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Alexander X. Pe, Esq.

Marylanders and our neighbors are likely to have heard of marijuana decriminalization in our great State. The act of possessing under 10 grams of cannabis has been reduced from a criminal offense to a civil infraction since 2014. In other words, instead of probation or possibly a jail term and a $500 fine, you get a ticket with $100 fine for your first offense, increasing to $250 for your second, and $500 plus mandatory substance abuse counseling for your third offense and beyond. Although you’re no longer at risk of being imprisoned for possession and use of small amounts of cannabis, the substance itself and its use are still considered illegal. Many people forget that decriminalization is not an interchangeable word with legalization. You may still be punished for this activity, albeit a lesser punishment, but a punishment nonetheless. What are Marylanders to do? We have legitimate, qualified patients in our state who are still subject to fines and rehab for use of cannabis as a medication. Yes, of course, medical cannabis is the answer to this issue, and Maryland has a Medical Cannabis program, but with the licensing process being dragged on for over a year, and no operational dispensaries in sight, a prospective Maryland medical cannabis patient is faced with only one option: to break the law. They break the law when they obtain cannabis, they break the law when they use it, they even break federal law when they leave the state for meds and return (a little interstate commerce can get the feds so riled up and let me add: THIS IS STILL A CRIMINAL FEDERAL OFFENSE). What’s the solution? First off, don’t leave the state when doing your business, so the feds mind their own. Second, talk to your physician about your symptoms, how cannabis seems to be the only course of treatment that’s been effective is alleviating or helping with whatever that chronic condition may be. We hear so much about decriminalization of marijuana, and the medical cannabis program, but we don’t often hear about the Medical Necessity law. When possession was a criminal offense, medical necessity was used as a defense in court, and if properly used, lessens the maximum penalty to a $100 fine. It’s not the perfect solution, but until the medical program is fully operation, Maryland patients need to know EVERY legal solution available to them. Tell me you don’t agree that $100 sounds more appealing than $500 and drug counseling every few months.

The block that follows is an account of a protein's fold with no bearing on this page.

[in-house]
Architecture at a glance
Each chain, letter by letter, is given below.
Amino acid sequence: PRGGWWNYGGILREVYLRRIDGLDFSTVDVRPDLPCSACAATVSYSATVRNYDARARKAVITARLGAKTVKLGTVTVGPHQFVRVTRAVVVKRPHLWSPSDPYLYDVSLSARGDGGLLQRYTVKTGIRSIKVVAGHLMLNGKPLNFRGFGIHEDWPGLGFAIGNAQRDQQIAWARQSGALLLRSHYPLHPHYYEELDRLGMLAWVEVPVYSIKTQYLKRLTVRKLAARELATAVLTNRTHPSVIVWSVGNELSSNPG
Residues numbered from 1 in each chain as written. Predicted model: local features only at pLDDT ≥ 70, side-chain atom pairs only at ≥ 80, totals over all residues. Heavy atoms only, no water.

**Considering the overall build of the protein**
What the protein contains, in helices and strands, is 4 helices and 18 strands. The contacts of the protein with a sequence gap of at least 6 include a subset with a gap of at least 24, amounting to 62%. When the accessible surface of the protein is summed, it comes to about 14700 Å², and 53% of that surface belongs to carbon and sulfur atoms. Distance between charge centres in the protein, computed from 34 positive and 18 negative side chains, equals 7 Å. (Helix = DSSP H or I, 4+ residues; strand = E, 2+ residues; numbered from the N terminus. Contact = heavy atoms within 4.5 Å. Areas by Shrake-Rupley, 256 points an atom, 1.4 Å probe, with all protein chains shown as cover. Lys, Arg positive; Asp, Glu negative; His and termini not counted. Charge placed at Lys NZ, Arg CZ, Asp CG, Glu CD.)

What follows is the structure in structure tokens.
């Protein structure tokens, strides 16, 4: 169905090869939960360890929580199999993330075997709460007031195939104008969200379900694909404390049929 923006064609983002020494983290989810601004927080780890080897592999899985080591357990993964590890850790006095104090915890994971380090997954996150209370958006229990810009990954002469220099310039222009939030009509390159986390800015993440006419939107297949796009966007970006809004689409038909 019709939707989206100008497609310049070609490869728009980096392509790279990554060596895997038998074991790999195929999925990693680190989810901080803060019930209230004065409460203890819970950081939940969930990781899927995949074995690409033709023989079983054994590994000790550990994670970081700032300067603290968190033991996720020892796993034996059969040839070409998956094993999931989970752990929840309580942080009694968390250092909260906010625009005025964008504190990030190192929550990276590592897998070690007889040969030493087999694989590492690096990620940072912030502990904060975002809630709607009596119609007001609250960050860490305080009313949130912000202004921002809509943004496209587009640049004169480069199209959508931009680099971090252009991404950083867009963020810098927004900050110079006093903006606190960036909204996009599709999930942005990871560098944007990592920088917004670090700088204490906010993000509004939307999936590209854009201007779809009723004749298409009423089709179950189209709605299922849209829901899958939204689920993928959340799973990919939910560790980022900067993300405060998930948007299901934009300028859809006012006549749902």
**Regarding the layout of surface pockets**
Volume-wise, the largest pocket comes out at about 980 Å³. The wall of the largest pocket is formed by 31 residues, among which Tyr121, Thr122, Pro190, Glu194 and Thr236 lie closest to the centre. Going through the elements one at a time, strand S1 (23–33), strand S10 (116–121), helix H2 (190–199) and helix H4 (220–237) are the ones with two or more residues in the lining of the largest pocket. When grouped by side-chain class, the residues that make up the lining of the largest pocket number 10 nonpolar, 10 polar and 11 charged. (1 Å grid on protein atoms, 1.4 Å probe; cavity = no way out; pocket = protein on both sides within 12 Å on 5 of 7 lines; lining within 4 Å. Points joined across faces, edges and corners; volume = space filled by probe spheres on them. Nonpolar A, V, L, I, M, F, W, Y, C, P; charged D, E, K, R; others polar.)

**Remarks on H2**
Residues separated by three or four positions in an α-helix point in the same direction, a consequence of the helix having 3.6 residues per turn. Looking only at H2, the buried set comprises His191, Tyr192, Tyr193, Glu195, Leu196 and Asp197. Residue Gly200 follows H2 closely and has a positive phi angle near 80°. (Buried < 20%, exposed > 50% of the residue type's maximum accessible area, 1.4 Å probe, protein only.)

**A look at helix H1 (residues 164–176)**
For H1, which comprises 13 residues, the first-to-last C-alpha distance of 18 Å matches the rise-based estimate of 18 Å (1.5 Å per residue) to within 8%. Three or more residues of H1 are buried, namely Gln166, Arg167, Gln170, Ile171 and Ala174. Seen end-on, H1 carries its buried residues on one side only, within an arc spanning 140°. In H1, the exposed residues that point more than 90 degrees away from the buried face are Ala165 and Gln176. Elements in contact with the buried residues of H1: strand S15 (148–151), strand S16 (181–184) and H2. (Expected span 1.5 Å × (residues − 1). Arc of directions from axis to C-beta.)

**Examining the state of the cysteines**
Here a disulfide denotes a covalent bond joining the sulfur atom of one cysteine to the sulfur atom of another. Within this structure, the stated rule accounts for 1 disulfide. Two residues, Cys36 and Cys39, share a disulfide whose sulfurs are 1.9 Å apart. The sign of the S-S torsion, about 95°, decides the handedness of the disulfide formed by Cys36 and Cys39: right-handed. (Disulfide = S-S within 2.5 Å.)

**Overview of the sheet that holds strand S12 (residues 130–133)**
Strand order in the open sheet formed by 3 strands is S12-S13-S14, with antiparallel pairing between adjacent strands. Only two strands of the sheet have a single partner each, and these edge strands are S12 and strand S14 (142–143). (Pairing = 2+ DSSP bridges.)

Alex Pe is an attorney based in Baltimore, Maryland. Former general counsel for Medical Marijuana Advocates Group, he concentrated his practice in marijuana policy, licensing, and compliance. His firm, Hensley Pe Law represents clients on a range of issues, from business matters, civil litigation, and criminal defense.

 This article isn’t meant to be construed as legal advice and is for informational purposes only. If you need to seek legal counsel and/or require representation on a certain matter, feel free to contact us for a for a free consultation. 

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